And the last time a folding phone was introduced it was a disaster. Apparently Motorola doesn’t want to make those same mistakes with its ‘new’ Razr.

The year of the rat

Happy Sunday. Happy New Year. Happy 春节.

How do all-you-can-eat buffets turn a profit? It’s not easy but with a few tricks it’s possible.

This is impressive reporting from inside Iran, by Farnaz Fassihi, on the attempted coverup of the airliner shot down by the Iranian military.

There are indications that the Coronavirus is more highly contagious than even SARS and that it can be spread by those without symptoms.

Coming soon: pop-up nuclear reactors.

And last year more people went to the library than the movies. This probably says more about the quality of movies than anything about surging literacy, but it’s a good thing nonetheless.

In rats’ alley

Another weekend rolls around. It’s Saturday, January 24th. Take a moment today to appreciate a beer can.

The VFW is wanting an apology from the president regarding remarks he made about traumatic brain injuries.

According to the Dorchester Reporter there’s a rat problem in the Polish Triangle. In a meeting with residents a city health inspector told the group that there were billions of them. (That seemed like a lot to me but it might not be an exaggeration.) Next steps appear to involve better managing trash containers and getting landlords in the neighborhood to be more aware of the problem.

Clay Christensen has died. He was a huge influence in business over the last several decades, especially in tech.

This guy could write the book on how not to rob a bank. At least he’s a dog lover.

And Dieter Bohn articulates the concern that many, including me, have with Google’s new search results page.

Medium rare

It’s Friday, January 24, 2020. Happy birthday to the Mac.

Police in the UK are upping their use of facial recognition, with real-time analysis of faces.

It may be too cold for some but my grill goes all year long. I don’t have one of those outlandish looking top-of-the-line status grills. It’s just a modest two-burner Weber. Solid, and it works like a charm. Engadget introduces us to Weber’s newest innovation: pellet grills. Seems elaborate. Probably not for me but I’ll keep an open mind.

Universal Hub reports Boston’s second murder of the year. It happened on Juliette Street in Dorchester. (Random association: the street was once memorialized by a character in John Updike‘s 1988 novel S.)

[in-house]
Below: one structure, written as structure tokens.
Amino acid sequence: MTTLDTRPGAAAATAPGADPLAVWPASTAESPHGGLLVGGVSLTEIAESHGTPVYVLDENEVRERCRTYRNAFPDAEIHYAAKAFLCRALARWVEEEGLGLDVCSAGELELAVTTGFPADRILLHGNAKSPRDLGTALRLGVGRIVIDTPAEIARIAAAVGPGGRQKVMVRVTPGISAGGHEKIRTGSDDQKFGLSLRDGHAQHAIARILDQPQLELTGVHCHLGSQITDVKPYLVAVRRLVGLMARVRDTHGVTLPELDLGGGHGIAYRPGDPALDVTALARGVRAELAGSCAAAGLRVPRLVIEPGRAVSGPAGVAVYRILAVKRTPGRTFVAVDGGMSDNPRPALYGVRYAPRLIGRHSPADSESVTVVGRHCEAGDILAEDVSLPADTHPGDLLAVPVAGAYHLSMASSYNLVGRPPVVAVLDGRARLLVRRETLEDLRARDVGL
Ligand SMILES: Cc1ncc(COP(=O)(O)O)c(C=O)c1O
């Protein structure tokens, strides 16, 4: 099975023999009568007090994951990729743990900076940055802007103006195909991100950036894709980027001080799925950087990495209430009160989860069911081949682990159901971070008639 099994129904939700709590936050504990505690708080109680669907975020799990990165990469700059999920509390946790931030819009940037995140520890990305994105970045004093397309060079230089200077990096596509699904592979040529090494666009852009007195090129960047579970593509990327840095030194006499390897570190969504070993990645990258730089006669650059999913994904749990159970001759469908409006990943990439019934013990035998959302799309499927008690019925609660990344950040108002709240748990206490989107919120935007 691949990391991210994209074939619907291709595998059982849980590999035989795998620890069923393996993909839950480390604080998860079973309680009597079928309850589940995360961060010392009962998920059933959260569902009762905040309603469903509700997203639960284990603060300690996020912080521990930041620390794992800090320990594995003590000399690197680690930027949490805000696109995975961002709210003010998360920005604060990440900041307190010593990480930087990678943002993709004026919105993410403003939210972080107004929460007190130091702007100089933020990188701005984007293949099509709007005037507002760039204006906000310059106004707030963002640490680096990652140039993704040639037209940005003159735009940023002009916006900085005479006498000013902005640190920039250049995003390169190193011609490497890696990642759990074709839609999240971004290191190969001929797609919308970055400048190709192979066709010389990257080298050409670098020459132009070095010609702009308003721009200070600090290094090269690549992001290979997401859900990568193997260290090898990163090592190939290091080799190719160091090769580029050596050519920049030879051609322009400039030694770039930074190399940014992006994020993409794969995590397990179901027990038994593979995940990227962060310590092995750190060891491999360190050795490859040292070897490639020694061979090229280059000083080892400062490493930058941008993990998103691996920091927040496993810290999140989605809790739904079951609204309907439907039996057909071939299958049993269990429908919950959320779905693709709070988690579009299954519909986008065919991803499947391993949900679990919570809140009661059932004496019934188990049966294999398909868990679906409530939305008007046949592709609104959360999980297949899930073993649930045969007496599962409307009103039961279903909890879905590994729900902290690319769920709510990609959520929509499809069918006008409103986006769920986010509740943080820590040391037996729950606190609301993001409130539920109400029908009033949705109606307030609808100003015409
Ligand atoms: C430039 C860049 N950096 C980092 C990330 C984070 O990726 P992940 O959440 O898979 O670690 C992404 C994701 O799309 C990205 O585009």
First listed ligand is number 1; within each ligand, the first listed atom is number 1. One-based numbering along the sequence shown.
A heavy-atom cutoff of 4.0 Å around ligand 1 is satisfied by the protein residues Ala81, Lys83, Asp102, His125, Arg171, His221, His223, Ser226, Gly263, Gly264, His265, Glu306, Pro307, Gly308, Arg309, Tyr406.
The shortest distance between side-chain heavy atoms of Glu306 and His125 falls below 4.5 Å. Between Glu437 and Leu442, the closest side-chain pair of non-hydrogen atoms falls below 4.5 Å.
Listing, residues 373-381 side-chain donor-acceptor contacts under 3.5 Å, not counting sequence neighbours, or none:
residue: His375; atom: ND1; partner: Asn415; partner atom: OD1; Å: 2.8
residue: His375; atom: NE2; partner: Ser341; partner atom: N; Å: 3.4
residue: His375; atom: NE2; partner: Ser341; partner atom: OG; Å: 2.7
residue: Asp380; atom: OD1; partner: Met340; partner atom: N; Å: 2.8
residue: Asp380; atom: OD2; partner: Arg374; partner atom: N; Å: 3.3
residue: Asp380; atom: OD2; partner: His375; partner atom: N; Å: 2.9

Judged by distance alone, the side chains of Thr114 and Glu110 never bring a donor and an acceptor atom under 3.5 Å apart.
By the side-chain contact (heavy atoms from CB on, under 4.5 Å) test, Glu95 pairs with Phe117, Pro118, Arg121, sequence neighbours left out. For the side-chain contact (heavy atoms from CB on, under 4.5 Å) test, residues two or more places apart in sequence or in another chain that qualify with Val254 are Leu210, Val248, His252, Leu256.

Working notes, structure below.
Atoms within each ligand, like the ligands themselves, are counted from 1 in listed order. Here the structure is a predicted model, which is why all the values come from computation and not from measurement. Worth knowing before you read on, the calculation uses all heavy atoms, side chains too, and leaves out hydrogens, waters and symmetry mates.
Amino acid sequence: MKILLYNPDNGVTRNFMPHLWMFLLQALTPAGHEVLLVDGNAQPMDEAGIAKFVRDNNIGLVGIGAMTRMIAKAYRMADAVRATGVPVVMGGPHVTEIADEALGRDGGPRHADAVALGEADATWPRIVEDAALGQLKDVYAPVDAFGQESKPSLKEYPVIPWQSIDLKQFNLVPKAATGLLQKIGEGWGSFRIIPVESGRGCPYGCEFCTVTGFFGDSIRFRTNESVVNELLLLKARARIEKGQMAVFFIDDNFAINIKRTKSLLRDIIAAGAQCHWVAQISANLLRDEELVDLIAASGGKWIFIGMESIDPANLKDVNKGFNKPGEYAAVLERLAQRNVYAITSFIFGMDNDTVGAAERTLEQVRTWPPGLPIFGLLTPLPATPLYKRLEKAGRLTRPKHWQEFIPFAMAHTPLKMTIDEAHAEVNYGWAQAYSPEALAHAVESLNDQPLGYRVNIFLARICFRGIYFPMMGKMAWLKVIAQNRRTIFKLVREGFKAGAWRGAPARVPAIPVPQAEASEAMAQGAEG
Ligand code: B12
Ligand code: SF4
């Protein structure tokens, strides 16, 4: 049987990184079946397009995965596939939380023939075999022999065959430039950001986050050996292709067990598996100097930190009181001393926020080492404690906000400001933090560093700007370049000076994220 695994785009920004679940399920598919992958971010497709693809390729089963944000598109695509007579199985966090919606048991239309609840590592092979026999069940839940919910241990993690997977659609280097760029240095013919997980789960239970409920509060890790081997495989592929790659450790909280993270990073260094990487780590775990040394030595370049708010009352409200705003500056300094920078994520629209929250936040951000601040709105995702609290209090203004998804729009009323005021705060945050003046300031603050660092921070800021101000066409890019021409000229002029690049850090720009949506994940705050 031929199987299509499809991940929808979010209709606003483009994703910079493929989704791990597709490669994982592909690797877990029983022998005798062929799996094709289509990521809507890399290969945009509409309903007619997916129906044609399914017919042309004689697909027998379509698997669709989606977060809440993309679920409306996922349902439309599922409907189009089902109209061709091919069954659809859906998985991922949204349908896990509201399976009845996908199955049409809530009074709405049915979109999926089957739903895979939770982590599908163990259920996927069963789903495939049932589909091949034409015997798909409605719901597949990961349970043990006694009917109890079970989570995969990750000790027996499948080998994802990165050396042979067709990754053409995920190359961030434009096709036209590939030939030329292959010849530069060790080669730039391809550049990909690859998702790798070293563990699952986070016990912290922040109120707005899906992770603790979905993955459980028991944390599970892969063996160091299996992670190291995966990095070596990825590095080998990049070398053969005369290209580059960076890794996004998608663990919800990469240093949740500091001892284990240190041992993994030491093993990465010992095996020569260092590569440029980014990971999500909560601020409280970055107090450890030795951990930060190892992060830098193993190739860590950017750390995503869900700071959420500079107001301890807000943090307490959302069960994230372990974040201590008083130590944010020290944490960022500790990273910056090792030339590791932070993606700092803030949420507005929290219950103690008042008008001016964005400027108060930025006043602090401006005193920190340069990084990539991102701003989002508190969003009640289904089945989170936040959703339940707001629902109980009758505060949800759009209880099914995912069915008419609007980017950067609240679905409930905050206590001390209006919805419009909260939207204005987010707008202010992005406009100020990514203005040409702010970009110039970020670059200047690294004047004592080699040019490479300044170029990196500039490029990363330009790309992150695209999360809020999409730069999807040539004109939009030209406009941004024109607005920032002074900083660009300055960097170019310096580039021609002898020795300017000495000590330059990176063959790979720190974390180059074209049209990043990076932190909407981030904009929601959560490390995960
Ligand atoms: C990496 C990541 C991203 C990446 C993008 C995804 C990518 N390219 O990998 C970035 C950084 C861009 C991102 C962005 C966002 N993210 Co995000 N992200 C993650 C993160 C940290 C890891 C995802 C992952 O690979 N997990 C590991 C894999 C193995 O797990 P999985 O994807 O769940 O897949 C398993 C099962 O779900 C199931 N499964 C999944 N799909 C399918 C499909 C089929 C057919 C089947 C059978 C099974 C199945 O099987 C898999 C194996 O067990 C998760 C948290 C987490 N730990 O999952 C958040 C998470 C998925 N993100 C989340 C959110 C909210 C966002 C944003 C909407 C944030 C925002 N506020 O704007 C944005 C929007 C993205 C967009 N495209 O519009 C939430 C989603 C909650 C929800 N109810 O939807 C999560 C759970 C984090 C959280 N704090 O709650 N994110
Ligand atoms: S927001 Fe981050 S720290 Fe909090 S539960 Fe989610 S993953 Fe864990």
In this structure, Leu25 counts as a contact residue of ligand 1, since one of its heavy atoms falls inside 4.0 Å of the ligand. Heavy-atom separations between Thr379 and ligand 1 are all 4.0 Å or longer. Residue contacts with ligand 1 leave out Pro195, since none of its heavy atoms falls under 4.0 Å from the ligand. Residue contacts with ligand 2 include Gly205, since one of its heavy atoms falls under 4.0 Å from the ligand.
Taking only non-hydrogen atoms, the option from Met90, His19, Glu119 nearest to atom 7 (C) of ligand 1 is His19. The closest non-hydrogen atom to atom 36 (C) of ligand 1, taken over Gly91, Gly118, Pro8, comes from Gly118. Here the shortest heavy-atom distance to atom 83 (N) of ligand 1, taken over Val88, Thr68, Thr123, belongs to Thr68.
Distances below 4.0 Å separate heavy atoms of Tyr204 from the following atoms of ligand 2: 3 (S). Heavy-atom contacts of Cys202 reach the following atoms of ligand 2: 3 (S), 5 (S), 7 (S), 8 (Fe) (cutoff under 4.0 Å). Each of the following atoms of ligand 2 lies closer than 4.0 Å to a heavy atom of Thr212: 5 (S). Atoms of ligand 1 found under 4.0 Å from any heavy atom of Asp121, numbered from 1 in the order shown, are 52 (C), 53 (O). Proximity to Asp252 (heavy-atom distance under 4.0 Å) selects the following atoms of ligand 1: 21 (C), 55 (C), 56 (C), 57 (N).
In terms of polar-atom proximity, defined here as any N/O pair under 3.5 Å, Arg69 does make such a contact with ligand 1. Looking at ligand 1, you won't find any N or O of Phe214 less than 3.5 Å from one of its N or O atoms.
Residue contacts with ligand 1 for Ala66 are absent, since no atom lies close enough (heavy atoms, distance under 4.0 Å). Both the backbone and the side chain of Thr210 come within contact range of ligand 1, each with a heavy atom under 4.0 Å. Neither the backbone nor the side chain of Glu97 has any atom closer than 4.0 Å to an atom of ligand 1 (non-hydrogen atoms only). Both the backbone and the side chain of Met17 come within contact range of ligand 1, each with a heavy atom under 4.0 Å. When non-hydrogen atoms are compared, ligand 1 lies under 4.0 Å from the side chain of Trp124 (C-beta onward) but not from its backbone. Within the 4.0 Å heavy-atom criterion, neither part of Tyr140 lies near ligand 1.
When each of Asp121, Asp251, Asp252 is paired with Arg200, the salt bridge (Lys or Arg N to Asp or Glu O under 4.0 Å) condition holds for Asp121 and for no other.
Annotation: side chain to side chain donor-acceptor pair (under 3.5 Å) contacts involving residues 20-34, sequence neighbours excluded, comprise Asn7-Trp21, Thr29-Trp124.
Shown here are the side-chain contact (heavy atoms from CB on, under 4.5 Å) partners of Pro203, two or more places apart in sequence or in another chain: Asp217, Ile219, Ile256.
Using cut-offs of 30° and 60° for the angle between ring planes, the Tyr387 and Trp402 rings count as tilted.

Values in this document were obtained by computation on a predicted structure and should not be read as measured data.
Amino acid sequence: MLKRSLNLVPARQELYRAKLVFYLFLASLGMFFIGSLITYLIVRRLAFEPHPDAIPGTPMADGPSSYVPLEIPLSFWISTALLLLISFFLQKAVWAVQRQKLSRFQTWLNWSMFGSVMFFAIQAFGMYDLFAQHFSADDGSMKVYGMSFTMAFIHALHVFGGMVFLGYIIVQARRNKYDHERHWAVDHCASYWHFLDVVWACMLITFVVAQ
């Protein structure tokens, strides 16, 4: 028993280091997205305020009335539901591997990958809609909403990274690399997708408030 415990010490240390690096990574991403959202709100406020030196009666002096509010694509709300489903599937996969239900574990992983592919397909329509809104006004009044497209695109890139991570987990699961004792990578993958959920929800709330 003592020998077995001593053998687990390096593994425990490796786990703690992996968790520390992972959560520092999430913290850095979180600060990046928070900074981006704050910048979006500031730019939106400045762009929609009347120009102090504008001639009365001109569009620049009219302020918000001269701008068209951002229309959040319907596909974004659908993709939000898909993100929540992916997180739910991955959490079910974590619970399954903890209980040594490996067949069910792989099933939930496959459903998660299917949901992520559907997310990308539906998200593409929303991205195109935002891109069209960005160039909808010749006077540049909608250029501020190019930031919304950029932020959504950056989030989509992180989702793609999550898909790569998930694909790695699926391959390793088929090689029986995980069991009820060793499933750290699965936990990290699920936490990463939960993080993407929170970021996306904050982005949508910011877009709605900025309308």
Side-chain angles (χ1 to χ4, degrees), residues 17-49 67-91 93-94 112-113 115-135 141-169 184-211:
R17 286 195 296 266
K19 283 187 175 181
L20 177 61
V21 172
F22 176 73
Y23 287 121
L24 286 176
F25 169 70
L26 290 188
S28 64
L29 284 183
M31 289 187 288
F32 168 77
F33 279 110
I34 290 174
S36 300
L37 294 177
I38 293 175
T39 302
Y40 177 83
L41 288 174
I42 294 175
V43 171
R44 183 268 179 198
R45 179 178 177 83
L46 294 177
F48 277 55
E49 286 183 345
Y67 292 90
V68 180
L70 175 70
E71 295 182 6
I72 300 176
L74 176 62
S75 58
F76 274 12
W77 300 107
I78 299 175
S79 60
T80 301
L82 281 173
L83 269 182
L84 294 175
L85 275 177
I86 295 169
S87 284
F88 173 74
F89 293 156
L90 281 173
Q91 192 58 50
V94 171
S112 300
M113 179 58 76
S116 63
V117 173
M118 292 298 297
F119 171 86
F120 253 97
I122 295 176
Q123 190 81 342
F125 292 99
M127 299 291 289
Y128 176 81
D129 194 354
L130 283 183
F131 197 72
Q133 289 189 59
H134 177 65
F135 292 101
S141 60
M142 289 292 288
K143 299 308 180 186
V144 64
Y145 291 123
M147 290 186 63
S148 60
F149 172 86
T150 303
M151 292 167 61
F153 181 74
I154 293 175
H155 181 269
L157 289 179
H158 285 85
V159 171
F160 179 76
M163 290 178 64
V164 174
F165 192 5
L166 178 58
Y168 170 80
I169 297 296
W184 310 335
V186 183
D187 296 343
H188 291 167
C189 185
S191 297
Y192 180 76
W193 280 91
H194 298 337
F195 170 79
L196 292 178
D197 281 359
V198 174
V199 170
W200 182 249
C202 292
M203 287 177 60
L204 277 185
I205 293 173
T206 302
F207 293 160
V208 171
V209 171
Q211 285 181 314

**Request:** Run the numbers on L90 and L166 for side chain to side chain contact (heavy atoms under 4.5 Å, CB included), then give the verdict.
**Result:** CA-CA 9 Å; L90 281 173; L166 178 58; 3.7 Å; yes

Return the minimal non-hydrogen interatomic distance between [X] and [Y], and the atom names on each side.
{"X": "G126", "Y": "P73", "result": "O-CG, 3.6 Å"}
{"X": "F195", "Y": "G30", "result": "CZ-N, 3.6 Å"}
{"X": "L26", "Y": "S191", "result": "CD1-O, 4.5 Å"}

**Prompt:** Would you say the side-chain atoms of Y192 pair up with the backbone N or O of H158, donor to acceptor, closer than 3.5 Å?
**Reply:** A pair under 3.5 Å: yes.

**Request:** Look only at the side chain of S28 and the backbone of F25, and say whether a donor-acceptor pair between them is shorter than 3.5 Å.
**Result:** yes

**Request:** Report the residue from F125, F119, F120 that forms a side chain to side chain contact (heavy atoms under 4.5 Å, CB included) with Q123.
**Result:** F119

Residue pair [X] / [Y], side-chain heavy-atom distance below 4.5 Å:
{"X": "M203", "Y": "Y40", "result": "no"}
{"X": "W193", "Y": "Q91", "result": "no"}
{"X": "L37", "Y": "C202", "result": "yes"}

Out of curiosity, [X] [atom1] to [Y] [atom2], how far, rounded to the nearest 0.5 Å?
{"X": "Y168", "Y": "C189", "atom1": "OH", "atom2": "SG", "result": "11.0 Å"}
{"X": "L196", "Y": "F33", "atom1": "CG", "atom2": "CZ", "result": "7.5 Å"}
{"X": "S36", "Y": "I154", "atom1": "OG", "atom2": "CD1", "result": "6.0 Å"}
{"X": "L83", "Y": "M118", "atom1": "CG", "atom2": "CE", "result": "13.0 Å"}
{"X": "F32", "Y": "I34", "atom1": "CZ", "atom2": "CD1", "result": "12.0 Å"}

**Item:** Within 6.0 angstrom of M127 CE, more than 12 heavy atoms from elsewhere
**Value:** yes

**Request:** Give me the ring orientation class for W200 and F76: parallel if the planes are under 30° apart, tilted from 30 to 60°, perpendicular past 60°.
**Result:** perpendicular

We shouldn’t panic yet, according to the World Health Organization. They’re keeping an eye on what’s happening in China but they didn’t declare a global emergency. Part of that decision was based on what they know of what’s happening in China. But that may not be reliable. In the meantime, here’s what you need to know.

And it will be an interesting dynamic between San Francisco’s offense on the ground and the Kansas City defense but at the end of the day it will be up to Garoppolo to step in and fill any gaps.

Ready for our closeup

Thursday is here already. And it’s National Pie day. (Not to be confused with National Pi Day or National Boston Cream Pie day.)

Boston Globe food reviewers seem to be afraid of the south shore. But if they did deign to venture beyond the Neponset I’m sure they might have found at least one or two new restaurants worthy of being listed. (How about Oysterman or The Fairview to start?)

It’s a legitimate question whether the Massachusetts film tax credit is a good deal for taxpayers. Bruce Mohl reports that location scouts and some municipal officials are lobbying for an extension ahead of the law’s sunset at the end of 2022. Everyone loves to see movie stars around but lawmakers should just run the numbers and ignore the bright lights.

People often joke that stress turned their hair grey. According to a new Harvard study, it’s no joke.

Service animals are getting more and more common on airplanes. It doesn’t stop with dogs but where does it stop? Small horses are OK but no frogs, ferrets, hedgehogs or goats are allowed on American Airlines. And no ‘comfort turkeys’ on Delta. But rabbits wearing bowties are alright in business class. Now the Department of Transportation is proposing uniform regulations. Maybe it’s time to put this genie back in its bottle.

And we can all breath easier; the mad shitter has been caught.